There's money, too
There was one other factor that made Taggart and others uneasy. The EXCEL study is funded by Abbott Vascular, a stent manufacturer, and Professor Stone had disclosed he had received fees from, or held equity in, 20 private medical companies, several of which were involved in the manufacture of stents.


Another EXCEL researcher, Professor Pieter Kappetein, was now working for Medtronic, which also makes stents, as its chief medical officer. Newsnight investigators estimate that almost half of the 33 EXCEL researchers had declared receiving fees from stent manufacturers.


In his talk to EACTS 2019, Taggart revealed that the chief medical officer of the study's sponsor, Abbott Vascular, was also one of the authors. By comparison, the NOBLE study had been sponsored by a stent manufacturer, Biosensors, and had nonetheless concluded that CABG was better for heart patients.


Had financial factors influenced the EXCEL researchers? Nobody can say, but what really matters is that some of the 1.8 million stent procedures carried out last year in the US were not the best approach, and as a consequence, some patients have died when otherwise they may still have been alive today.

Of cabbages and stents
Heart bypass (coronary artery bypass graft, or CABG—pronounced 'cabbage') is one of those amazing surgical procedures that puts the doctor center-stage as a hero.


It ensures blood continues to flow to the heart when one or more coronary arteries—usually on the left side of the heart—become blocked. As its name suggests, it's a technique where one or more blocked coronary arteries are "bypassed," often by inserting an artery taken from the patient's leg that allows blood to flow around the blockage.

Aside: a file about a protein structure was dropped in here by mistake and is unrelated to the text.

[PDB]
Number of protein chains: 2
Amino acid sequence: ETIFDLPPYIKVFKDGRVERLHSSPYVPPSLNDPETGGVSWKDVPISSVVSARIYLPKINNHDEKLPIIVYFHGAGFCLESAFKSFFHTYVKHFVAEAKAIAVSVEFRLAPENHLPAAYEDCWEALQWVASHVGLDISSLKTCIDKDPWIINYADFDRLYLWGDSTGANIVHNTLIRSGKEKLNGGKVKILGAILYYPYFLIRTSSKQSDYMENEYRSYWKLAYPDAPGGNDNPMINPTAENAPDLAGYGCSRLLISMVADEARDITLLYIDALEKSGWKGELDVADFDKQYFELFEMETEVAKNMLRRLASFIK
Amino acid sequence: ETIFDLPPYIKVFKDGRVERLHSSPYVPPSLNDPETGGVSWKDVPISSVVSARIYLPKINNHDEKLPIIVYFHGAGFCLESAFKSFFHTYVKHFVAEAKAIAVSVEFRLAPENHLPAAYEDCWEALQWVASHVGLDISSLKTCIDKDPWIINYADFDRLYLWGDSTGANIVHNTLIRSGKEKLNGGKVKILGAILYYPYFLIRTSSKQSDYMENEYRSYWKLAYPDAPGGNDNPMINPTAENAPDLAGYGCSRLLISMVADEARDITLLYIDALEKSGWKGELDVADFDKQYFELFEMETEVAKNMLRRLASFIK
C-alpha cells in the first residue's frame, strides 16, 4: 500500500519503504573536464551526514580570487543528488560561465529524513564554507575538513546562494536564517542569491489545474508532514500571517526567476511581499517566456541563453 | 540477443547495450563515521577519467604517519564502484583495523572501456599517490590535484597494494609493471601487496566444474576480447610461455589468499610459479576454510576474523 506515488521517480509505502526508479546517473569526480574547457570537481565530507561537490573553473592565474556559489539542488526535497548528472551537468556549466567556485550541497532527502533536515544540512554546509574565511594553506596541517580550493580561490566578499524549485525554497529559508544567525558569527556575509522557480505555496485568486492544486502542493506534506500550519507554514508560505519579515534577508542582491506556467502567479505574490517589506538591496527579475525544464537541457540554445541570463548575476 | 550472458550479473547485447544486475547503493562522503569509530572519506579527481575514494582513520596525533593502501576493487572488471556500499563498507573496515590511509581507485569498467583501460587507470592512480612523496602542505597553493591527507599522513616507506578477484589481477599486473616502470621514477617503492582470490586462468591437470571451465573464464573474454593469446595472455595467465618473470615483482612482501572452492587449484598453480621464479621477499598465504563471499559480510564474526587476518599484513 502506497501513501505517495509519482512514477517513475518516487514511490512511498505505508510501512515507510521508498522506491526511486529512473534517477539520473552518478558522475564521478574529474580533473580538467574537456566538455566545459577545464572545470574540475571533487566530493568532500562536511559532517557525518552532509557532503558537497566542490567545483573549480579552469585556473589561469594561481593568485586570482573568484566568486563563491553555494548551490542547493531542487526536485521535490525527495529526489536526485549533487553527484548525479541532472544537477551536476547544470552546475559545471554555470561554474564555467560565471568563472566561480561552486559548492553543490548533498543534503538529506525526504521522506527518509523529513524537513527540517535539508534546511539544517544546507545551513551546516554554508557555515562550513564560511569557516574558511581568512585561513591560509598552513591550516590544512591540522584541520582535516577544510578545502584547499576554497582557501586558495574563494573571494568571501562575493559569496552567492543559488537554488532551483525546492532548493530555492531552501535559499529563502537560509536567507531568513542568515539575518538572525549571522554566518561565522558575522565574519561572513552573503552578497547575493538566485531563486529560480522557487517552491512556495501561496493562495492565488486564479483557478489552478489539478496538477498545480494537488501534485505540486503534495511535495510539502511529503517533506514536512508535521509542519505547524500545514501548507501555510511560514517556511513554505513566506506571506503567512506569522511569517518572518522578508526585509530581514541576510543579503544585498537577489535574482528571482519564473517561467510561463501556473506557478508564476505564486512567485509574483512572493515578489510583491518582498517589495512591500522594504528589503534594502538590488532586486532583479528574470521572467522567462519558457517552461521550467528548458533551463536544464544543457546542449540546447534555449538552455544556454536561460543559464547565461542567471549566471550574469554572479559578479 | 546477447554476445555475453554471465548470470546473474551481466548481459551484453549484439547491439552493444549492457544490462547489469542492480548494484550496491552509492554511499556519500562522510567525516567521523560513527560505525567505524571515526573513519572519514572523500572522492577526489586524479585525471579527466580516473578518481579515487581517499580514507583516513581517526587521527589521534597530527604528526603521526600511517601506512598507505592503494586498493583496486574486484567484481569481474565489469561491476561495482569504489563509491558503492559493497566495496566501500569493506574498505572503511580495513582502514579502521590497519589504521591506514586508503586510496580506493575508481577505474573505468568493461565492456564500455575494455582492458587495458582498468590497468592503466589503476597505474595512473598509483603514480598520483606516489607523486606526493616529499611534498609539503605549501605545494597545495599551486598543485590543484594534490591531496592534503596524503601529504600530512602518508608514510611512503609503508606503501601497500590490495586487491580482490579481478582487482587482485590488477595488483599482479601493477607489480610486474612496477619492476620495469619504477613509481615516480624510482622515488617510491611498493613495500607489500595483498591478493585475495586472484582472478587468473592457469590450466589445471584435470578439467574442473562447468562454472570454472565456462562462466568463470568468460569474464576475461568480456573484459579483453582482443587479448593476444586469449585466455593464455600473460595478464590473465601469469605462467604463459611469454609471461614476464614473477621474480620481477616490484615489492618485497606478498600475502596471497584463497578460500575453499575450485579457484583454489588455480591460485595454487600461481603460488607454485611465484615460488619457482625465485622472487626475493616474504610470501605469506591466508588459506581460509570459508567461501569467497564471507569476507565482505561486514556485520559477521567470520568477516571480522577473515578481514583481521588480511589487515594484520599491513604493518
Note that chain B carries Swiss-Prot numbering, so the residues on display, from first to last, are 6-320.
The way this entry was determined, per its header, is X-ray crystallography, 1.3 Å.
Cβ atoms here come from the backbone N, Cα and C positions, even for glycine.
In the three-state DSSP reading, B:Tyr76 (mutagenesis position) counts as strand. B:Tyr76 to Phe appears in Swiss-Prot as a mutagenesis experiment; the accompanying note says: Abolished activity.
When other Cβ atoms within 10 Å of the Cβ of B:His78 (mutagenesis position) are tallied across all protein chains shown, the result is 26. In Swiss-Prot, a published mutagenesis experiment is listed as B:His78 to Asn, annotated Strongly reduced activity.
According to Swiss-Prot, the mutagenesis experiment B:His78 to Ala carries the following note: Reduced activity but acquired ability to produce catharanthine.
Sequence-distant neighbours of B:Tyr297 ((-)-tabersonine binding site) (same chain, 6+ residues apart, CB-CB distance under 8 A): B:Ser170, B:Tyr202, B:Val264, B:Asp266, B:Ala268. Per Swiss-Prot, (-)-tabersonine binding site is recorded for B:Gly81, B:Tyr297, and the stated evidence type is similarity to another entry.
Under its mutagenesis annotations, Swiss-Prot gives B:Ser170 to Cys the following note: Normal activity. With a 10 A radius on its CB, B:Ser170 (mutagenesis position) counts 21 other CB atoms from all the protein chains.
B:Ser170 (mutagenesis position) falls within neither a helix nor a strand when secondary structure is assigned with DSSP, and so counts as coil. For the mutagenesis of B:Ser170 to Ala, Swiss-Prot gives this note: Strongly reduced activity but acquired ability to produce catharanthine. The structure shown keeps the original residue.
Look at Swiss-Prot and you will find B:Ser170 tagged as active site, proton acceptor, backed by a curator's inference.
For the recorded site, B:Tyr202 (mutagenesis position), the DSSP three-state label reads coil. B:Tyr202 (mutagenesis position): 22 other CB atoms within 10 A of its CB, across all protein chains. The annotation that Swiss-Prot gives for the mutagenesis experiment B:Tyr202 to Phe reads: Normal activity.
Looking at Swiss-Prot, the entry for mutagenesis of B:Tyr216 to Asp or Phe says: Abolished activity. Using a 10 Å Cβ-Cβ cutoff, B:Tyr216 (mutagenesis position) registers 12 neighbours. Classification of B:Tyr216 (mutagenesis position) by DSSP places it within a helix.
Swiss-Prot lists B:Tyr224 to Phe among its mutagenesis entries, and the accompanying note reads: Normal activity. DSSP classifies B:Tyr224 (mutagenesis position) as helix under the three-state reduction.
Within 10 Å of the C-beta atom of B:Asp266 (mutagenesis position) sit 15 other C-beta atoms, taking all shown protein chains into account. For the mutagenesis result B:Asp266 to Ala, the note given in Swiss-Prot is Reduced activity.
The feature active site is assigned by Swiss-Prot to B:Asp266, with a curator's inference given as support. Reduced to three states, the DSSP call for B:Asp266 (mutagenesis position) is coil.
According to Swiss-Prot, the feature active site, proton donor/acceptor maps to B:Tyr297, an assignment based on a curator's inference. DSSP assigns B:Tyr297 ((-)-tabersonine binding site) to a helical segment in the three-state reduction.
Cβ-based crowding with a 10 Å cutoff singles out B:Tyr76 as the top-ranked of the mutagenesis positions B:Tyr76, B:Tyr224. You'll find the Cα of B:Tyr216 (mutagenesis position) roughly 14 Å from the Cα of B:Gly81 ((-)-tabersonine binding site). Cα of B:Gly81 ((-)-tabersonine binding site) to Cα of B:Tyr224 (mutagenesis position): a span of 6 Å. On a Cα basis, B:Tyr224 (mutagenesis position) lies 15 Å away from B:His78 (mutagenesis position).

Until the EXCEL study (see main article), CABG was the preferred procedure for left coronary artery blockage or when all three coronary arteries are blocked. The procedure is all about re-establishing blood flow to the heart, but it doesn't prevent a heart attack or angina (chest pain).


It's complicated, expensive and dangerous, and with the rise of stents, fewer CABG procedures are being carried out. In the US, the rate has fallen by around 46 percent.


Stents, or percutaneous coronary intervention (PCI), are less invasive and dangerous and can achieve similar results, at least according to its advocates.


A coronary stent or tube is threaded into the blocked coronary artery and opens it up by pushing plaque against the artery wall.


Although stenting reduces angina, some believe its benefits have been overblown. For one, a heart attack doesn't happen when arteries narrow, but only when they are suddenly blocked—by which time, it's too late for stenting or CABG.
Complications from PCI include arrythmia, or irregular heartbeat, and blood vessel damage. And, as some critics of the EXCEL study suggest, you're more likely to die from a heart problem after a stent than following CABG.


Beating pain with the miracle of microcurrents image

Beating pain with the miracle of microcurrents

Exercising as part of a group brings bigger benefits image

Exercising as part of a group brings bigger benefits

References (Click to Expand)